Human Rights Compliant Policing in Georgia (HRCPG)
The Human Rights Compliant Policing in Georgia (HRCPG) project is designed in close cooperation with the Georgian authorities and will support them in enhancing monitoring and discharging policing responsibilities in an effective and accountable manner through greater compliance with human rights standards.
It will support the development of policies and regulatory measures by the medium and high-level decision-makers at the Ministry of Internal Affairs (MIA) that will address the shortcomings identified by the European Court of Human Rights, the European Committee for the Prevention of Torture (CPT) and the Public Defender’s Office of Georgia (PDO) in policing. It will enhance the professional and operational capacities of police services and their officers as well as national independent monitoring and investigation mechanisms (PDO and the Service of the State Inspector - SSI) and relevant staff members to prevent police misconduct while performing their duties and to carry out effective investigations into allegations or other indications of ill-treatment, disproportionate use of force and other human rights violations, in line with Council of Europe standards and best practices.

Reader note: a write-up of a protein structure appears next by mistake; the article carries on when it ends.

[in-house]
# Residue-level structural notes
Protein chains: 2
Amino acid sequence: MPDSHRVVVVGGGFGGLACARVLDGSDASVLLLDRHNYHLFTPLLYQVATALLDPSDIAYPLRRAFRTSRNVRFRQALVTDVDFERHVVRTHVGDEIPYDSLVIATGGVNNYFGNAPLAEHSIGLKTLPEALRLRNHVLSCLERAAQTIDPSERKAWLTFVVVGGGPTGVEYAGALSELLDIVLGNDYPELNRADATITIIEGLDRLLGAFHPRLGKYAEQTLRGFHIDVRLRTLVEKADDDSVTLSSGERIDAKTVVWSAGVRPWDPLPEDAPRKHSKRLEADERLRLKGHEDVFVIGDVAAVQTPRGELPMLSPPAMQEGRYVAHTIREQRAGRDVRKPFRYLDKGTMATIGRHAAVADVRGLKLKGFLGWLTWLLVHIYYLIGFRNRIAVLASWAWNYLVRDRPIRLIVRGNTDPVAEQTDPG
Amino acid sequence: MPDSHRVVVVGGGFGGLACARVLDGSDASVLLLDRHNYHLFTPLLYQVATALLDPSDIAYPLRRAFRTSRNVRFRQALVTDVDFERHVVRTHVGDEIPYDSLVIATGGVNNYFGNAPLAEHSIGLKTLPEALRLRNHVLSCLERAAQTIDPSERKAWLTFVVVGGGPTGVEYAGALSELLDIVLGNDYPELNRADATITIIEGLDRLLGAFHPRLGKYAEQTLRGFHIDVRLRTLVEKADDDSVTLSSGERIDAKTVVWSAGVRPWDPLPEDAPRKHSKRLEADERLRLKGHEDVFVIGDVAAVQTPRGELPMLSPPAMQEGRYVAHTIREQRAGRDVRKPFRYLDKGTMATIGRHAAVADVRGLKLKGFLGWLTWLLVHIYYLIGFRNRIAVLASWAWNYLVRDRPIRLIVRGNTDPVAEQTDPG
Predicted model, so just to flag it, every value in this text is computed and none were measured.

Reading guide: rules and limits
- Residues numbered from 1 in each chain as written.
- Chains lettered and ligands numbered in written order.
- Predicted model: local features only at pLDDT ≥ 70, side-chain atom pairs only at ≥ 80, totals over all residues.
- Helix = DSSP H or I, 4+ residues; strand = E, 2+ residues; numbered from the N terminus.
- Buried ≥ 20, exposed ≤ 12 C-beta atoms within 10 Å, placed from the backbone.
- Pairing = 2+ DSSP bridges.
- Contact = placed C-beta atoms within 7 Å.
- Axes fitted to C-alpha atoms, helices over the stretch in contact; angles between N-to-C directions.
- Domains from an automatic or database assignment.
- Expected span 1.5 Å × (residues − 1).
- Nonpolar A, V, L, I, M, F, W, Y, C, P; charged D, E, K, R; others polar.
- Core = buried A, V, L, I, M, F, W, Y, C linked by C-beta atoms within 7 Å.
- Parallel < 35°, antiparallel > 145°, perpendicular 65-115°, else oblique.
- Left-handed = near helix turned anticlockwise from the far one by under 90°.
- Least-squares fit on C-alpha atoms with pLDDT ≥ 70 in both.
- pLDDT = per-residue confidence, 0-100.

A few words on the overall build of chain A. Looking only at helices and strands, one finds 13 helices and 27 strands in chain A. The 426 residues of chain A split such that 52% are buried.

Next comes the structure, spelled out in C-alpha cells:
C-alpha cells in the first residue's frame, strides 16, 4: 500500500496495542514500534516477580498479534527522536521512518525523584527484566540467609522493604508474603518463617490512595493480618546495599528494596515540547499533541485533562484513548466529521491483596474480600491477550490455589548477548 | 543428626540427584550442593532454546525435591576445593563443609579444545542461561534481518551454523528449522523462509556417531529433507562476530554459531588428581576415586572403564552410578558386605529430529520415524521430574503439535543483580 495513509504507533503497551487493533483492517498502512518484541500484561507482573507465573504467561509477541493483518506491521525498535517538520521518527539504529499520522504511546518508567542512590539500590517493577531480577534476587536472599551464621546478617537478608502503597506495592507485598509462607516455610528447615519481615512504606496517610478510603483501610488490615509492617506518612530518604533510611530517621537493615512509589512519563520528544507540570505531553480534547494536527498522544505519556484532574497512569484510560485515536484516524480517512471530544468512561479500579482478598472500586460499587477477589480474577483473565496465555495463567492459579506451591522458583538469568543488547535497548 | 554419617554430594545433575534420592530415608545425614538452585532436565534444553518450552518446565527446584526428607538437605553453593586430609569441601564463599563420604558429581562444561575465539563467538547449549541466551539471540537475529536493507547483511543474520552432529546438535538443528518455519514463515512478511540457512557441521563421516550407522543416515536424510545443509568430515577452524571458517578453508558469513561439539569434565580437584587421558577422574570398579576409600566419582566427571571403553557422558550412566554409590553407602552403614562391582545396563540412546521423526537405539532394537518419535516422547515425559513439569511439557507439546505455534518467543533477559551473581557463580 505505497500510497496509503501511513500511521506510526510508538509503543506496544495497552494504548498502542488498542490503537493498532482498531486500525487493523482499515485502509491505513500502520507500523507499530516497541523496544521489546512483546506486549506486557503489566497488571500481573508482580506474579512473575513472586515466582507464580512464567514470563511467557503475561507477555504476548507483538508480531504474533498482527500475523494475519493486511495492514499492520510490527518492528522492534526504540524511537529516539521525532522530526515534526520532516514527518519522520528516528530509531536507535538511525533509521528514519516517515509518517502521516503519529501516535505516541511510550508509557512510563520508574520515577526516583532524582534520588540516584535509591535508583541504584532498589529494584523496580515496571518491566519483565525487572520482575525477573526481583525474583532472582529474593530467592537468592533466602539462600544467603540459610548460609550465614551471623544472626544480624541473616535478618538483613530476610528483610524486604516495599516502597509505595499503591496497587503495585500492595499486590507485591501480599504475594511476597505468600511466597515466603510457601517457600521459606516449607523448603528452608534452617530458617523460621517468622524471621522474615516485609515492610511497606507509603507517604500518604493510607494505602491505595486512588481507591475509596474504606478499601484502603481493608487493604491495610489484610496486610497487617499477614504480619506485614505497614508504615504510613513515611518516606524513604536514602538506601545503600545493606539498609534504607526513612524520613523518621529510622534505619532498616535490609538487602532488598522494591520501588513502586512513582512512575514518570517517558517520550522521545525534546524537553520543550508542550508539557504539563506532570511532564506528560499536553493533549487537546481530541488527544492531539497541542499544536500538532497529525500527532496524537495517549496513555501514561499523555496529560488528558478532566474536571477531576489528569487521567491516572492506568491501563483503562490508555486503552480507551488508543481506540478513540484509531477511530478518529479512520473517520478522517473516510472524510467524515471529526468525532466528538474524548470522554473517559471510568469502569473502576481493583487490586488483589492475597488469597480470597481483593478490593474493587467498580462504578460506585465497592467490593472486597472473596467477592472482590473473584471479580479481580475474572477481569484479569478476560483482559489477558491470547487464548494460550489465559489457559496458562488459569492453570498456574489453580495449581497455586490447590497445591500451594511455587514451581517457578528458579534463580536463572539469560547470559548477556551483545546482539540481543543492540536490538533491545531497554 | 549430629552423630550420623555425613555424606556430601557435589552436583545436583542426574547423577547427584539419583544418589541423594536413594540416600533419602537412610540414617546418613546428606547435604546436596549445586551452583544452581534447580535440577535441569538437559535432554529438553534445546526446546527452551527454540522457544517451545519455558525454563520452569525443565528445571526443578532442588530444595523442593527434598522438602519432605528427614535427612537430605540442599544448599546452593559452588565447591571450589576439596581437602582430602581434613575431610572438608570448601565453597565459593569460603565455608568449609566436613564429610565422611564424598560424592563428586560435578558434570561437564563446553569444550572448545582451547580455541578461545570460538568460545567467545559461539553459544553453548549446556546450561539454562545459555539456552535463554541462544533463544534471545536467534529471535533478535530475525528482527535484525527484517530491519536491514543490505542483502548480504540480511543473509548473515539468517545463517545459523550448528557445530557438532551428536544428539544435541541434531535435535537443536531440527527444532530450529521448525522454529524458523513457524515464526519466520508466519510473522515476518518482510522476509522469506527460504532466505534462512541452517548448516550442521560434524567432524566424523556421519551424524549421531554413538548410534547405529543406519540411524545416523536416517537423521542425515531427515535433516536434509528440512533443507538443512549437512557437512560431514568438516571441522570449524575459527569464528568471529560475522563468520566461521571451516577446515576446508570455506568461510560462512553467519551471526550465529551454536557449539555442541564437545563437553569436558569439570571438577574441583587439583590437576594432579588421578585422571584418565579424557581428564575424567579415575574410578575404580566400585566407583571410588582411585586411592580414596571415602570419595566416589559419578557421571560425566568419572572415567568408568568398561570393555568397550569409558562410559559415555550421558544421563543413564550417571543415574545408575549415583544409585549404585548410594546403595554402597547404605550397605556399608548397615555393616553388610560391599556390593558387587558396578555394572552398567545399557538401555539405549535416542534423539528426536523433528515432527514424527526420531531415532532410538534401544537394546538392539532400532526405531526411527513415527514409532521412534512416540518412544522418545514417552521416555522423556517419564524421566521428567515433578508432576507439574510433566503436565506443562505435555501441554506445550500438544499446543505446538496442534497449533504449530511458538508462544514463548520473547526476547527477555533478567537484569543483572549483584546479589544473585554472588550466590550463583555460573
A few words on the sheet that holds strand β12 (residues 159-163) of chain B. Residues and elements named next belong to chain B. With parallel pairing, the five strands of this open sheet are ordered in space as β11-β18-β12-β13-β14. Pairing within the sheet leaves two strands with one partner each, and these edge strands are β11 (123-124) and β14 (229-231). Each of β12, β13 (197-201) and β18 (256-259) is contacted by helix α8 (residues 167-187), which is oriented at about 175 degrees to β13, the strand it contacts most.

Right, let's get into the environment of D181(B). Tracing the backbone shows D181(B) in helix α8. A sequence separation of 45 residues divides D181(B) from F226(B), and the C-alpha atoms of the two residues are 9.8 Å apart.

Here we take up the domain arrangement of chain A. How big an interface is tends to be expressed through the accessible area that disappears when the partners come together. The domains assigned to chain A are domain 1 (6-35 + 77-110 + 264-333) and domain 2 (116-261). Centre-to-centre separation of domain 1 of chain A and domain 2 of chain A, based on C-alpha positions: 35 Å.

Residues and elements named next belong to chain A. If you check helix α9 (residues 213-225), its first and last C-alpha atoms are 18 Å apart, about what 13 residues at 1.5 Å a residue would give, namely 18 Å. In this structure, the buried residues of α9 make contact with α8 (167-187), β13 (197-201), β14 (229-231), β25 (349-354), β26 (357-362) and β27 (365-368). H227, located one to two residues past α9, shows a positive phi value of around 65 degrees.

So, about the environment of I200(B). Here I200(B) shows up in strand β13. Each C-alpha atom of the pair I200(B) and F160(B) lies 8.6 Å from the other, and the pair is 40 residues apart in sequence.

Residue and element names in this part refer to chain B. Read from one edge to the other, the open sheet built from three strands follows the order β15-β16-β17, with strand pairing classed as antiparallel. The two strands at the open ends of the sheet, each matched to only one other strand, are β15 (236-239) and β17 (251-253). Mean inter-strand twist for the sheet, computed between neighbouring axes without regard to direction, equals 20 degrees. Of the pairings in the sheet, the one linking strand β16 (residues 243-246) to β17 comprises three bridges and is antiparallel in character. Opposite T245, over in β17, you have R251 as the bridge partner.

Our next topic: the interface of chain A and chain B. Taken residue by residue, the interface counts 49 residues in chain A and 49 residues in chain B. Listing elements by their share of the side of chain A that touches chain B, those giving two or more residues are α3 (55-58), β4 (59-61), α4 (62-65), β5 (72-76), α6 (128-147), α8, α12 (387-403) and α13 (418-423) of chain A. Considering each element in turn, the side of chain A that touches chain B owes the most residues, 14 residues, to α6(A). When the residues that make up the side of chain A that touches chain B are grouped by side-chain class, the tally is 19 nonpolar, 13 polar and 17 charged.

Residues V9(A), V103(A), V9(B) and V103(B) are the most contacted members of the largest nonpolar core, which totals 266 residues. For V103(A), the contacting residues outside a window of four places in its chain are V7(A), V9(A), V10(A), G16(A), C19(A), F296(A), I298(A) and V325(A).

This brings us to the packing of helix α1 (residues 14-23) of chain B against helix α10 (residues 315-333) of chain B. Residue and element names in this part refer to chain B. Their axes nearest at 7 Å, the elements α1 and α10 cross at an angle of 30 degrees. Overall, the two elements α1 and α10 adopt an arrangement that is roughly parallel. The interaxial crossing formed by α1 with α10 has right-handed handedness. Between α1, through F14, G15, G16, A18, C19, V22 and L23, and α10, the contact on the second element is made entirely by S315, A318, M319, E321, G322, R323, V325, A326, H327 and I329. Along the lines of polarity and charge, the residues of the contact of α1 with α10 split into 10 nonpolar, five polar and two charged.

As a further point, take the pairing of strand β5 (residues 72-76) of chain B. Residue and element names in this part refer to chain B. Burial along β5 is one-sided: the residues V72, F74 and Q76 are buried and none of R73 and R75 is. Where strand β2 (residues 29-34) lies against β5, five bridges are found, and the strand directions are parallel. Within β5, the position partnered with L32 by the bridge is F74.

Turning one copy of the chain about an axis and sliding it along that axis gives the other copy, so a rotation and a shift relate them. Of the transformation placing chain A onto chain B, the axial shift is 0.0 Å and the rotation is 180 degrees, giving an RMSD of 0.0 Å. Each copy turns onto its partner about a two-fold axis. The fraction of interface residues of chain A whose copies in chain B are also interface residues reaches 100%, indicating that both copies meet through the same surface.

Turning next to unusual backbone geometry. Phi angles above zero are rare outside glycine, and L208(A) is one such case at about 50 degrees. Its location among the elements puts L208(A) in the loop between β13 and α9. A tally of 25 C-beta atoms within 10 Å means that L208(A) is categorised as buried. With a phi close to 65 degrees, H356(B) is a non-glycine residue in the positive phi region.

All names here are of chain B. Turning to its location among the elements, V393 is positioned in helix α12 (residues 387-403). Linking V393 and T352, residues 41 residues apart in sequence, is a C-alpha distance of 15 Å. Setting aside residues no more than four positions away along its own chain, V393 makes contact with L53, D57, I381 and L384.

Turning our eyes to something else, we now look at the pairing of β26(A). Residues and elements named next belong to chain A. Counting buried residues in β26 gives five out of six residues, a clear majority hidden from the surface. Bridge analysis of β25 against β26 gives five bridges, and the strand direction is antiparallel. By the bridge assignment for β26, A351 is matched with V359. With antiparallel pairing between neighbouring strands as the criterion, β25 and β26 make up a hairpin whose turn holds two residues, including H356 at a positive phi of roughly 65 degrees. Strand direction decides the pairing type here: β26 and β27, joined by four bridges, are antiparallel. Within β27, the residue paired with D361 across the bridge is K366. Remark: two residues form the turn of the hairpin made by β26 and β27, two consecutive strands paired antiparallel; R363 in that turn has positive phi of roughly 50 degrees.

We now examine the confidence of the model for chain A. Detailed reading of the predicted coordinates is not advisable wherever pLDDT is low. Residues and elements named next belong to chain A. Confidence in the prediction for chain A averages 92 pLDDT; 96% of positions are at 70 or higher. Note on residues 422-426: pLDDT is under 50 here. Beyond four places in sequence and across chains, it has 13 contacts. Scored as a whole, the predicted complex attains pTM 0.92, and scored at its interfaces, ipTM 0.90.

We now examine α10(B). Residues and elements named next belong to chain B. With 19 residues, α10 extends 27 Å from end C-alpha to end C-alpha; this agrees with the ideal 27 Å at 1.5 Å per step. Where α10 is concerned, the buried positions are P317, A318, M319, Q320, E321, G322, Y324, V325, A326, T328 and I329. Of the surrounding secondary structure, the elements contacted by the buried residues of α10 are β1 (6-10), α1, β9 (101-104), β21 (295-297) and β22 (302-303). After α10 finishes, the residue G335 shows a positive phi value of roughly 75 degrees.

Capacity building initiatives for police services and national independent monitoring and investigation mechanisms will also focus on policing of democratic freedoms (e.g. public gatherings), principles of ethics, issues related to juveniles and other vulnerable groups, as well as a gender-sensitive approach to policing.
In addition, the Project will also support the MIA in improving the rights of detained persons and their treatment in police custody and temporary detention isolators (TDIs). Capacity building activities for TDI staff, both medical and non-medical staff, will aim to ensure the protection of fundamental human rights, including access to adequate services, in detention facilities.
Working with national civil society organisations (CSO) is part of the Project’s design given the importance of effective involvement of CSOs in the external monitoring of police conduct is essential to ensure accountability and transparency of policing as well as public trust.
The Project builds of the Council of Europe’s successful history of co-operation with the MIA, particularly with the Department of Temporary Detention (TDI), the Department of the Human Rights Protection and Qualitative Investigation and the MIA Academy. The project represents a continuation of the previous 24-month project Juvenile and Adults Detainees Support (JADES) carried out in 2019-2021.
This Project will be implemented within 24 months, until 30 June 2023, with an overall budget of 600,000 Euros financed through the Action Plan of the Council of Europe in Georgia.